The strong positive correlation found between the negative symptoms score at baseline and the improvement in executive functions, indicates that stronger negative symptoms at baseline may predict a bigger improvement of executive functions in response to deep-rTMS over the PFC. On the other hand, the lack of correlation between cognitive performance at baseline and improvement of negative symptoms indicates that measurement of executive function at baseline can not be used at this time as a predictor for potential effectiveness of deep-rTMS for negative symptoms (however, future larger studies, should explore this option).

Due to small sample size it is not within the scope of the current study to determine whether or not cognitive improvement stemmed from improvement in negative/depressive symptoms (and/or additional possible explanations). Future, larger studies should better characterize responsive populations with regards to these parameters. Nevertheless, the current study is the first to suggest a possible cognitive improvement which can be maintained following extensive prefrontal stimulation via TMS in schizophrenia patients.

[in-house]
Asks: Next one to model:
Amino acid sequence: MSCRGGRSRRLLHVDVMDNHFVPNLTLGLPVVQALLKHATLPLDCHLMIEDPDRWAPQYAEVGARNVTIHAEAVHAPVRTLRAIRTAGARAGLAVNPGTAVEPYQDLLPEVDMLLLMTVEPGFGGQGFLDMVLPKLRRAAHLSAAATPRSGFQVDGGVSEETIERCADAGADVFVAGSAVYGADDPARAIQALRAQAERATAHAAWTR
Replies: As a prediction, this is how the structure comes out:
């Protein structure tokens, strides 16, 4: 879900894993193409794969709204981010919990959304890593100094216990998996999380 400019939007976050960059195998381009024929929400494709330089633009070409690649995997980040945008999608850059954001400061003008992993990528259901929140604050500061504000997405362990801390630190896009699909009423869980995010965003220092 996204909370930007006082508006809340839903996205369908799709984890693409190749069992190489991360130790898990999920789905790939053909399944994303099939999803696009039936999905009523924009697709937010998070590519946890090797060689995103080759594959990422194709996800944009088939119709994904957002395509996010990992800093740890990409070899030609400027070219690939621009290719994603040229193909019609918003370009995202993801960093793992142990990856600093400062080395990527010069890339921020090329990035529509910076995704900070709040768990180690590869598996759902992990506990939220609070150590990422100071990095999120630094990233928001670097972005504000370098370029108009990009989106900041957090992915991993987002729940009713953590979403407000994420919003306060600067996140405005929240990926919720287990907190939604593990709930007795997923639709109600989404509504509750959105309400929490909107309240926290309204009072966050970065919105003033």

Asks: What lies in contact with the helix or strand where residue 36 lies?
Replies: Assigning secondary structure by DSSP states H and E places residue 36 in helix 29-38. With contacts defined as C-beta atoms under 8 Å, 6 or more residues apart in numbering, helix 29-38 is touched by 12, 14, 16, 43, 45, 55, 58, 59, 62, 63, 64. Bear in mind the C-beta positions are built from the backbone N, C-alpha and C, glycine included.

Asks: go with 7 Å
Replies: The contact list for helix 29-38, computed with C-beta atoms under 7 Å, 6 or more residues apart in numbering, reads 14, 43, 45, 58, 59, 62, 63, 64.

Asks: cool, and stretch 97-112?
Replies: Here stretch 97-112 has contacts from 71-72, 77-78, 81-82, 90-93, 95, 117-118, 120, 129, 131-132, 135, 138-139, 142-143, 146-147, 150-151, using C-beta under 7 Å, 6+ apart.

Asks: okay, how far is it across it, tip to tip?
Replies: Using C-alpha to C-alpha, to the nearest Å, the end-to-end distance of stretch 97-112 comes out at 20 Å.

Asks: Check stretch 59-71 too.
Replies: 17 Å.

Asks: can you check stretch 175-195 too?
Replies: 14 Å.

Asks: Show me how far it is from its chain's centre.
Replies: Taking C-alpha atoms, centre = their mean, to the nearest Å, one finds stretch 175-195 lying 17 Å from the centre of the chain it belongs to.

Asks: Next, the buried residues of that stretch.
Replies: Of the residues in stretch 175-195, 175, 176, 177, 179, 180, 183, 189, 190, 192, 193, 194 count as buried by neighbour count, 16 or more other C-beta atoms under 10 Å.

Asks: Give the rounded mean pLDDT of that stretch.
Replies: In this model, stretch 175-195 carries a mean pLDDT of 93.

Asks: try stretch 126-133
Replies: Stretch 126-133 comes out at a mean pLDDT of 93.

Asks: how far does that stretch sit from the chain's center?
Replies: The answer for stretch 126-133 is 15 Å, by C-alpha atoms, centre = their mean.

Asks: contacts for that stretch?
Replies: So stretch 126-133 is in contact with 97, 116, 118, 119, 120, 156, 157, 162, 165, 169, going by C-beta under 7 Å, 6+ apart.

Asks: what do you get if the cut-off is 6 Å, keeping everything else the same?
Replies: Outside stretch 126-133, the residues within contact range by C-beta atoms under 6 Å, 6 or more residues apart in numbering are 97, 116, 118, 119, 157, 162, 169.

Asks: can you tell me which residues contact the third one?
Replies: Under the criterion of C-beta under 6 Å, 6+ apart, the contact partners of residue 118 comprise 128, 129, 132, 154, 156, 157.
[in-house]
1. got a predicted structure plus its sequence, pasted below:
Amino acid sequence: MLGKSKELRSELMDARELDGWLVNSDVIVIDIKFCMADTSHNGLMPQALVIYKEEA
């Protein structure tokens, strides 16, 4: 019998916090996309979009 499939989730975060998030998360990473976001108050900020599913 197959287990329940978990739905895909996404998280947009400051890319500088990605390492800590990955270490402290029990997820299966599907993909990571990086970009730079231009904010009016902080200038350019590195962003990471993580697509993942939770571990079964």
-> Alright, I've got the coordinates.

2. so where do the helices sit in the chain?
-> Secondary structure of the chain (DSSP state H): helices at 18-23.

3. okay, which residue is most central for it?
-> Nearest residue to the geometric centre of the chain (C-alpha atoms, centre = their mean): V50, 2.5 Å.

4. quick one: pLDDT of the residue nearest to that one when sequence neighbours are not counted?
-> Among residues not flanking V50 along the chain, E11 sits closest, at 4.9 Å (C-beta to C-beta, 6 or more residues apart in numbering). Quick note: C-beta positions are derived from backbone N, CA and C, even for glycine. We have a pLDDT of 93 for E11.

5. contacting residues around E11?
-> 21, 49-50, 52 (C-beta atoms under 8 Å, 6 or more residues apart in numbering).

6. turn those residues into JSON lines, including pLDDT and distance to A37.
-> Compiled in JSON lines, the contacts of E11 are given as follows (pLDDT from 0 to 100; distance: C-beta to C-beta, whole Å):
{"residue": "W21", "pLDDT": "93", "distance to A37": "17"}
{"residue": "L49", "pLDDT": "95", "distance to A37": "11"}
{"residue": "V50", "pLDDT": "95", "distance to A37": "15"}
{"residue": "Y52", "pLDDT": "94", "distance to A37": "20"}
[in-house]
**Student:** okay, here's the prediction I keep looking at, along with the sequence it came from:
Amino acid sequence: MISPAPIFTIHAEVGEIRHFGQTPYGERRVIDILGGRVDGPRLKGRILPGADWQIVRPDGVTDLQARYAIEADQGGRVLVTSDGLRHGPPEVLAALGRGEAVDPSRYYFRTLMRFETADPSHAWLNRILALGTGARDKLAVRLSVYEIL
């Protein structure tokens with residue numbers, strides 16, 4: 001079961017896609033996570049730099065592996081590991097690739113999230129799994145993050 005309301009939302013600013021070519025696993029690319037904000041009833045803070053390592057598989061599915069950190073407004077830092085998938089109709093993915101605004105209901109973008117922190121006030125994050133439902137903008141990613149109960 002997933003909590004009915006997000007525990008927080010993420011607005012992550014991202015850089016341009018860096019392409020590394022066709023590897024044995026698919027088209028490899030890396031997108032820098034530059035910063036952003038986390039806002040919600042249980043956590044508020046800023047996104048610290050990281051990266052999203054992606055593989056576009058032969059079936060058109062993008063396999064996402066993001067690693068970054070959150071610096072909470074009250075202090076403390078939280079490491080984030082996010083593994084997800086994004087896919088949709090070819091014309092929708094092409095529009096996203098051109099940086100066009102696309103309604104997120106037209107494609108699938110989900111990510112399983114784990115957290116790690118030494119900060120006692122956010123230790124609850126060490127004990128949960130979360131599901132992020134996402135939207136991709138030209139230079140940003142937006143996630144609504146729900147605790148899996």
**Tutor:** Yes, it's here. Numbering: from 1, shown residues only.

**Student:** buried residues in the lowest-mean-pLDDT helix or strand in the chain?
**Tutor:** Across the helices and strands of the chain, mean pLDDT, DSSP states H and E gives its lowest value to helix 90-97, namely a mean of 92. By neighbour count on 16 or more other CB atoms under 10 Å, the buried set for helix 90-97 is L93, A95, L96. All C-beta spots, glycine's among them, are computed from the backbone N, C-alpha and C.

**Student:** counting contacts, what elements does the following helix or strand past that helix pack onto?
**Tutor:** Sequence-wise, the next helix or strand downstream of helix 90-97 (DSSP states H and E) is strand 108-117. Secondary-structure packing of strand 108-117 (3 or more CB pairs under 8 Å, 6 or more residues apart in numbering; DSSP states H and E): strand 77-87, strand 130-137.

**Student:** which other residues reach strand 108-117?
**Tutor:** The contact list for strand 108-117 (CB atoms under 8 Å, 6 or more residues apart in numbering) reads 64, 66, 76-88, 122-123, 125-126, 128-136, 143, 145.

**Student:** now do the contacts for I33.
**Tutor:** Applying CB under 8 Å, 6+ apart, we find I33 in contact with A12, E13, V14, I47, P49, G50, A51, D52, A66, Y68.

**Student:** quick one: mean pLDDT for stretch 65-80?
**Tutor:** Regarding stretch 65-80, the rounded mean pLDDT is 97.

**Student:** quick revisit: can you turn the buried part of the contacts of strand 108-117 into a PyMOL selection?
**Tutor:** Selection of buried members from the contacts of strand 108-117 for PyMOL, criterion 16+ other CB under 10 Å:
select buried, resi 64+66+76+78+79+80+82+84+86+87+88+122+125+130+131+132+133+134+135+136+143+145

Improvement in depressive symptoms was indicated by an improvement over time in the CDS, at the social and occupational level (SOFAS), and in general condition (CGI-S). The effect lasted for at least 2 wk. There was no indication that CSA had been changed.

The short seizure induced in the fifth treatment day in one of the patients receiving olanzapine (5 mg/d) implies that caution should be used when using high-intensity and high-frequency parameters of stimulation in such patients. It is important to note that antipsychotics lower the threshold for a seizure and can even induce seizures without rTMS (Pisani et al. 2002). Furthermore, intentional TMS seizure induction (MST) was suggested as a therapeutic tool, and has been shown to alleviate depressive symptoms (Lisanby & Peterchev, 2009). The risk for seizures may be reduced in future studies by monitoring EEG patterns during the rTMS treatment in patients receiving high-intensity and high-frequency rTMS combined with such medications (Rotenberg, 2010). It is too early at this stage to determine whether deep-TMS is more likely to induce seizures than standard TMS.

The design of the current study has several limitations: its small sample size and add-on design prevent ruling out a possible placebo effect and expectancy bias, as well as the possibility of improvement having been the result of other factors, such as the natural course of the illness. Nevertheless, given the chronic and persistent nature of negative symptoms and cognitive deficits that characterize schizophrenia, together with the lack of any currently available satisfactory therapeutic options, the results of this pilot study seem to point to a possible new treatment that needs to be further examined. In light of this pilot study, a randomized controlled study seems desirable.


Supplementary material accompanies this paper on the Journal's website.


View Abstract